“I do have to run around like a maniac,” he said in a phone interview he made time for between rehearsals, standing in an alleyway behind his school.

Lewis’ interest in silent films began at age 10 when he watched them on television. He began playing to accompany them on piano at home. A huge Sherlock Holmes fan, at 11 he went to see a screening with live accompaniment of the 1916 film about the detective, and the effect was immediate. 

“It was fantastic, and I was entranced,” he said. 

At that point, Lewis was too shy to approach the musician who had composed and performed the music, Connecticut-based Donald Sosin, who has been creating and performing silent film music for fifty years and playing for major festivals.

But two years later, he again saw Sosin perform—this time, accompanying the 1916 Charlie Chaplin film The Pawn Shop, in a program by the San Francisco Chamber Orchestra.

“I thought, oh, my god, it’s Donald Sosin!” he said. This time, he braved approaching the musician, who graciously took him on a tour of the backstage, put up a classic Mickey Mouse silent film, and urged him to play along on the piano.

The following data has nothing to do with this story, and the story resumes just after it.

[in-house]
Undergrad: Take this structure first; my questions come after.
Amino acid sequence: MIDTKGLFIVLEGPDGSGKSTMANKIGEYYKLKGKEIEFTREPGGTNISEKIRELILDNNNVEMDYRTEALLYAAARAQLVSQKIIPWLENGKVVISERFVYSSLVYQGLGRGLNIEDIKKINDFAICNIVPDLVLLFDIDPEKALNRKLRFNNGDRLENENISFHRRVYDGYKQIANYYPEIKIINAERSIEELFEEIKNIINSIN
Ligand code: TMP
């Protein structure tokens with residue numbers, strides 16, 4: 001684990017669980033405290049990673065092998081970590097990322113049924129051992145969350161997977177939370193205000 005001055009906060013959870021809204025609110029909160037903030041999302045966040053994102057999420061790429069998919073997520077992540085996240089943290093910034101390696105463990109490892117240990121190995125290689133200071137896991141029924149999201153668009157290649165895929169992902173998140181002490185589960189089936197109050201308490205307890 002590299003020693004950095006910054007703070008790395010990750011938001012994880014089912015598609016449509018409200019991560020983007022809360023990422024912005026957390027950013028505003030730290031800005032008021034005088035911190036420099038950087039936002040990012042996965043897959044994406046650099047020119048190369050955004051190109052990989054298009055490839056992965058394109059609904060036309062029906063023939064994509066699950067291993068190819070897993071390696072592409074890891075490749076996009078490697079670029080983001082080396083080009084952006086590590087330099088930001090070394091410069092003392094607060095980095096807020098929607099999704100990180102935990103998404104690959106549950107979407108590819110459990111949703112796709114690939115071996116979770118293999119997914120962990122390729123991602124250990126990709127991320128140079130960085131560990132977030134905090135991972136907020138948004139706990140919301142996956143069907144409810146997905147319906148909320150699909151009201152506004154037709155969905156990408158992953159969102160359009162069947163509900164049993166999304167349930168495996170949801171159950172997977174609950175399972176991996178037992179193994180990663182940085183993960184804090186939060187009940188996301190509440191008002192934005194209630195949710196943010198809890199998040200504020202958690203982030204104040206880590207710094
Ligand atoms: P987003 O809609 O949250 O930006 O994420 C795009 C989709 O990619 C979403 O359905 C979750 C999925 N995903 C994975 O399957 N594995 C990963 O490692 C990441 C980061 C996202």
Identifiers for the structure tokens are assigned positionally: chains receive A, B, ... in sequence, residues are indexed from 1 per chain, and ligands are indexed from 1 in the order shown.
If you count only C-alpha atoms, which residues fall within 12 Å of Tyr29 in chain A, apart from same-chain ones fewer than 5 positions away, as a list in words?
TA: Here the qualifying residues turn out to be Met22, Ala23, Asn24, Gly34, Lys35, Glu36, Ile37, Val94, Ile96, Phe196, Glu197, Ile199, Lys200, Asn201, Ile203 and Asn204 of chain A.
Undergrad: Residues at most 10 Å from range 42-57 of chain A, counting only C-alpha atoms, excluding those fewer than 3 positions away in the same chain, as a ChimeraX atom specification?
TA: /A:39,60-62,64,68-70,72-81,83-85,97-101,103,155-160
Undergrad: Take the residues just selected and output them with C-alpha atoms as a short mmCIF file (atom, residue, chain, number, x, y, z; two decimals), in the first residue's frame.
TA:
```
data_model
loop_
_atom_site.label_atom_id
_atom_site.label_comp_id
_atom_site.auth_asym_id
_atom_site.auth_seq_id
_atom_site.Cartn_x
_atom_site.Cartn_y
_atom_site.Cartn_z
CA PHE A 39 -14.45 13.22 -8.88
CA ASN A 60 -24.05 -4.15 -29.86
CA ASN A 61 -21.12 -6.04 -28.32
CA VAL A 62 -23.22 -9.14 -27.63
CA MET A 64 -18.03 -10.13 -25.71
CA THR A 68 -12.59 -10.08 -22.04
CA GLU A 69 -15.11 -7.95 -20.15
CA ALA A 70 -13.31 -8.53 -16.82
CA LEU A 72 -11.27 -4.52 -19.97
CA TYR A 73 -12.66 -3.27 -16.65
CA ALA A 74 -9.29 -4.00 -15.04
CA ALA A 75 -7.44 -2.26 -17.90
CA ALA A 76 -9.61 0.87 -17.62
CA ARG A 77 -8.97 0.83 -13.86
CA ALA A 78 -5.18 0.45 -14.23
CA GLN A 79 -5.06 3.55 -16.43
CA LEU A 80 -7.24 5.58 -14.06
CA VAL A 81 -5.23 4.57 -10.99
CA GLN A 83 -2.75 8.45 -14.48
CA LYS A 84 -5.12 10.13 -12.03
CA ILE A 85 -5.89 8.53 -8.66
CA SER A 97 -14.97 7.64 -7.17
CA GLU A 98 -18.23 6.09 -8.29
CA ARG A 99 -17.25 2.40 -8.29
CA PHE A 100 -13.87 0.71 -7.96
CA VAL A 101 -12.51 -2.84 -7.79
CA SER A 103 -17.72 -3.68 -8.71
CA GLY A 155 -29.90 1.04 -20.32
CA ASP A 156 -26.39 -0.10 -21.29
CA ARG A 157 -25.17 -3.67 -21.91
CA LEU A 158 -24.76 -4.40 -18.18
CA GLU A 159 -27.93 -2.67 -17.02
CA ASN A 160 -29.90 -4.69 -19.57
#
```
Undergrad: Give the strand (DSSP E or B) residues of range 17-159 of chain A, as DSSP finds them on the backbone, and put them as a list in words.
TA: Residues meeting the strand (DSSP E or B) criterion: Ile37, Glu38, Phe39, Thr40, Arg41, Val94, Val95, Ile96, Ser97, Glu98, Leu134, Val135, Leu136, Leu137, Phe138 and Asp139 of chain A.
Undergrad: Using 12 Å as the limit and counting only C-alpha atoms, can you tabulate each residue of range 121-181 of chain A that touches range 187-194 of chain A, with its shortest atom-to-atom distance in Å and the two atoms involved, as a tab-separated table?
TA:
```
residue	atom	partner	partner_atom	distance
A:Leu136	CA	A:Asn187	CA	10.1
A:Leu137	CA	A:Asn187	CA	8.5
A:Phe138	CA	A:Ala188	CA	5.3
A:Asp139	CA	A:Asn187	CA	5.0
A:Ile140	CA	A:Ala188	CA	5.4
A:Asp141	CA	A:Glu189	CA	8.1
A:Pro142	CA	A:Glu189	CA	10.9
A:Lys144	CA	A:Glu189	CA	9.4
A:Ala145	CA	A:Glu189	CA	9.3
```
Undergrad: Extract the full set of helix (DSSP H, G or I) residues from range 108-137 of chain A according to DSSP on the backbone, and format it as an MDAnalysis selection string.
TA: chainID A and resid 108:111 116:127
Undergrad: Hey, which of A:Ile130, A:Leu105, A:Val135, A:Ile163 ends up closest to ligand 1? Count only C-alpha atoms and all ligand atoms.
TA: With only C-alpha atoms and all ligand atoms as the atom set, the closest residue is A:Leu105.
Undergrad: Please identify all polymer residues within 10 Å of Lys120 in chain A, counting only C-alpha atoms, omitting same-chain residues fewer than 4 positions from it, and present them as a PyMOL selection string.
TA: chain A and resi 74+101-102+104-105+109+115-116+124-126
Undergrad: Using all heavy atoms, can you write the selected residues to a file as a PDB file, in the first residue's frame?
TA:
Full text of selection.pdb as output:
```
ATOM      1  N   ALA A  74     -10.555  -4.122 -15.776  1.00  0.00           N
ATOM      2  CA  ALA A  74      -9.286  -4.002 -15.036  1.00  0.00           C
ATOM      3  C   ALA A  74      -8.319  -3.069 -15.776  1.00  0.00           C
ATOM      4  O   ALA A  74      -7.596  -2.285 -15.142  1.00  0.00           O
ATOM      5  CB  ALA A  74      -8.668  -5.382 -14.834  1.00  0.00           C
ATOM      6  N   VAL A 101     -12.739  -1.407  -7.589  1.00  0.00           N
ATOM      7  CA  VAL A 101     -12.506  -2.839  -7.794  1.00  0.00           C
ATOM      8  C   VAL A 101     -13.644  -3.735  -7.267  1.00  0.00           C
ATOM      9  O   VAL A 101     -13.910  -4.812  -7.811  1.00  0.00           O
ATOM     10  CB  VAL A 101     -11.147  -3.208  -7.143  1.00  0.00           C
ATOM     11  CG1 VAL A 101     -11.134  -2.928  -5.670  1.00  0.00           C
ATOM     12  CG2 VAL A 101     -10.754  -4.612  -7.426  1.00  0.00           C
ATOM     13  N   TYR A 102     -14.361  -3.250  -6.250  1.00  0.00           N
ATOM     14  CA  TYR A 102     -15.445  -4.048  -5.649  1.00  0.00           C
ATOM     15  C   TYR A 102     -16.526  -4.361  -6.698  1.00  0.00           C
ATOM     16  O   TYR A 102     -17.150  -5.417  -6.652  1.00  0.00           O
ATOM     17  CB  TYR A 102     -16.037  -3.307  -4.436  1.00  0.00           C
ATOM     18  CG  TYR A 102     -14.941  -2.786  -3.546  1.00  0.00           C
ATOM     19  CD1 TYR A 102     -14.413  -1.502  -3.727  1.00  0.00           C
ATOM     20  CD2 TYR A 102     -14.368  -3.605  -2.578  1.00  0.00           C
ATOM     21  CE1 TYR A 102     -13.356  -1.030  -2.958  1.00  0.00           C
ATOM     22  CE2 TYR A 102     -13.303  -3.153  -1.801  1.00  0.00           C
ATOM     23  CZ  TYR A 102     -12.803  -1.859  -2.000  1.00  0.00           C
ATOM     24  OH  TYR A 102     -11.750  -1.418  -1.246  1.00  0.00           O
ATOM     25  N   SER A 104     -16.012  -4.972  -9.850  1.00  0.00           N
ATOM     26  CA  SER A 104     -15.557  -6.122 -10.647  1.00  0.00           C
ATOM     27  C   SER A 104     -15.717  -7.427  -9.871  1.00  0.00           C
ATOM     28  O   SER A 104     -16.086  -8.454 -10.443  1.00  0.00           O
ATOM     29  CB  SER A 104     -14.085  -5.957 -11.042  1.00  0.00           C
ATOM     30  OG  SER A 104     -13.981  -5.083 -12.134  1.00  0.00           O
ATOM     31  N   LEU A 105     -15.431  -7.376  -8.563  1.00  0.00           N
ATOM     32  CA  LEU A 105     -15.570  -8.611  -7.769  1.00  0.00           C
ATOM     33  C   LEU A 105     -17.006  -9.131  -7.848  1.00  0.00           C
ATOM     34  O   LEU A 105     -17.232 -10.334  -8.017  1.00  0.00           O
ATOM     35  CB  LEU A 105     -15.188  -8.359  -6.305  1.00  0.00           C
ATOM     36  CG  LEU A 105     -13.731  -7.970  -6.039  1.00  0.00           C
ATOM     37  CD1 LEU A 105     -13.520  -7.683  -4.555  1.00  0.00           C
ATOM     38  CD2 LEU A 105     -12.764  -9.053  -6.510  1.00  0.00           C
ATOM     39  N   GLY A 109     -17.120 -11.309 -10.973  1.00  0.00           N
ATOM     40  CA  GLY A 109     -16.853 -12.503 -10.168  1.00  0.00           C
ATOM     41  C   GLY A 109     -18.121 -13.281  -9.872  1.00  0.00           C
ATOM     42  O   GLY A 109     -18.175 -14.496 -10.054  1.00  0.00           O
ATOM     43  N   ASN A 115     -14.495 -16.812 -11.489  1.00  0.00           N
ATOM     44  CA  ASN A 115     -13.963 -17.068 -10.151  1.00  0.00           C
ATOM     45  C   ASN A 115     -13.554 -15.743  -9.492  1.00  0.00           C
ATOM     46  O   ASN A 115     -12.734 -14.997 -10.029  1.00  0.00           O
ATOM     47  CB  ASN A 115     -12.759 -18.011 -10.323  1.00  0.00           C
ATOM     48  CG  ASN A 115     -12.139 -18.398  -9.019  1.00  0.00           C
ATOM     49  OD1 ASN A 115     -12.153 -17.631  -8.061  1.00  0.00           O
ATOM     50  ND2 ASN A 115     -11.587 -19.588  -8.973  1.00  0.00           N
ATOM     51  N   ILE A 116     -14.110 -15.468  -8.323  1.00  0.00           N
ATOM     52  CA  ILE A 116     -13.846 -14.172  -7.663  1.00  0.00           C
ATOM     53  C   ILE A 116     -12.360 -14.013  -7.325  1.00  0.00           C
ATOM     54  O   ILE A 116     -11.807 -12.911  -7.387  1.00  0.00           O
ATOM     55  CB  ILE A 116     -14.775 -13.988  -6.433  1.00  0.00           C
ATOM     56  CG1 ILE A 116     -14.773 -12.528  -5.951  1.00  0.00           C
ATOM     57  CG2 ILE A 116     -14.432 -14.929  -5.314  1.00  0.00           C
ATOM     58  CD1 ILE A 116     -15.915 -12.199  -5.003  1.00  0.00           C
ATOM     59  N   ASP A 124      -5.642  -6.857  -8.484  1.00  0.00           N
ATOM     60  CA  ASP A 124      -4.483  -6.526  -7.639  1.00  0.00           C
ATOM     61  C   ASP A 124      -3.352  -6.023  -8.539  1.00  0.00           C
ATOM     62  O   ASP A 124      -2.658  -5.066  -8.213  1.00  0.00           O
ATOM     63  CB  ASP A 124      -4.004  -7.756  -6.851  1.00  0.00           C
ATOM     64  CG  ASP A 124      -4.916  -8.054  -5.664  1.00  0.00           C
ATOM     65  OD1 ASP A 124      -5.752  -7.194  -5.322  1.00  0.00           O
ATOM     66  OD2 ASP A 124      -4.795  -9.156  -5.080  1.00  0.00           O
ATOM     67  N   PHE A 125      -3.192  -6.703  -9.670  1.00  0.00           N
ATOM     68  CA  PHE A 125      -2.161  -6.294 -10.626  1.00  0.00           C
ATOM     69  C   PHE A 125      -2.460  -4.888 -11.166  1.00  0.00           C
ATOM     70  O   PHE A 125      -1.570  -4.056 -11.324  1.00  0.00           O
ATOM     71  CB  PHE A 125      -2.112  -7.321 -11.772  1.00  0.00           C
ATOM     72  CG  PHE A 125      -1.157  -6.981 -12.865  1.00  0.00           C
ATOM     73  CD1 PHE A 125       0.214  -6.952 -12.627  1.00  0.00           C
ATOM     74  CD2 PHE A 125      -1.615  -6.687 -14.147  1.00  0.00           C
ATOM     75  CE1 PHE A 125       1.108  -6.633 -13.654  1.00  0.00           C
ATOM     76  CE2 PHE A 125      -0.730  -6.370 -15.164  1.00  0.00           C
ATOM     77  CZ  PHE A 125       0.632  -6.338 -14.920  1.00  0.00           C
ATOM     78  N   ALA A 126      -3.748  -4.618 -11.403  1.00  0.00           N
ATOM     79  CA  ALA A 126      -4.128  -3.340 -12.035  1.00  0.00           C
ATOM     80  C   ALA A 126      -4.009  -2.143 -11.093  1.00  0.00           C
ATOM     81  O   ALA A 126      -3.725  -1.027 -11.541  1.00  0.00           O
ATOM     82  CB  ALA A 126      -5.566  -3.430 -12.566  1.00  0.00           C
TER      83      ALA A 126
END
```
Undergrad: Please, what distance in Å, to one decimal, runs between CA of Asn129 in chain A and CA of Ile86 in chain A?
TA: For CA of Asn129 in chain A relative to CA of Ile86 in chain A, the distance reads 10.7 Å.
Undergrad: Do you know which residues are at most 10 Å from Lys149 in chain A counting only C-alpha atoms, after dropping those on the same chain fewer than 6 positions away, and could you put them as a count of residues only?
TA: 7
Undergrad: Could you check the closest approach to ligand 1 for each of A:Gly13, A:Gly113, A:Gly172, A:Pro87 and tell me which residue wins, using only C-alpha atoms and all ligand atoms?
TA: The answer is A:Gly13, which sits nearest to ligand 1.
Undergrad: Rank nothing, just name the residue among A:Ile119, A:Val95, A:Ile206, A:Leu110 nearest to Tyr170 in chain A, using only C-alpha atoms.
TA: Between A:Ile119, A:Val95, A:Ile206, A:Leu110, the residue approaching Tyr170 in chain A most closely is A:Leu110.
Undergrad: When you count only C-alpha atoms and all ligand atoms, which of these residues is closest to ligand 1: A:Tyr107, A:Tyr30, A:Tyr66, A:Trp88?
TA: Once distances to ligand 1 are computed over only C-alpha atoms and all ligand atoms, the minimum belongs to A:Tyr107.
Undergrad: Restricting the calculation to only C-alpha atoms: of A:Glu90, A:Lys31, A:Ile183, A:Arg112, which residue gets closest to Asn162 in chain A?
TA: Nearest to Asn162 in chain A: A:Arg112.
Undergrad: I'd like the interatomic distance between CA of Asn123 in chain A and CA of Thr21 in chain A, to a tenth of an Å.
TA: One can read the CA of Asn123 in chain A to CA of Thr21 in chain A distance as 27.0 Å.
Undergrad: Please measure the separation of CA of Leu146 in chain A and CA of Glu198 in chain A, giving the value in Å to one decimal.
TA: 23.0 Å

“I was first struck by Will’s unique appearance—he dresses very fashionably, and kinda old style,” Sosin told The Oaklandside. “He was very enthusiastic, was knowledgeable about silent films, had a creative imagination, and he wanted to learn. He is unique.”

What followed were many months of coaching, mainly via Zoom during the COVID-19 pandemic. “Will is among the youngest I’ve encountered who’s seriously interested, and a good enough musician and performer to get in there and figure stuff out.”

Acknowledging that there probably aren’t a ton of teens interested in silent films, Lewis explains his attraction to them, as a composer and pianist.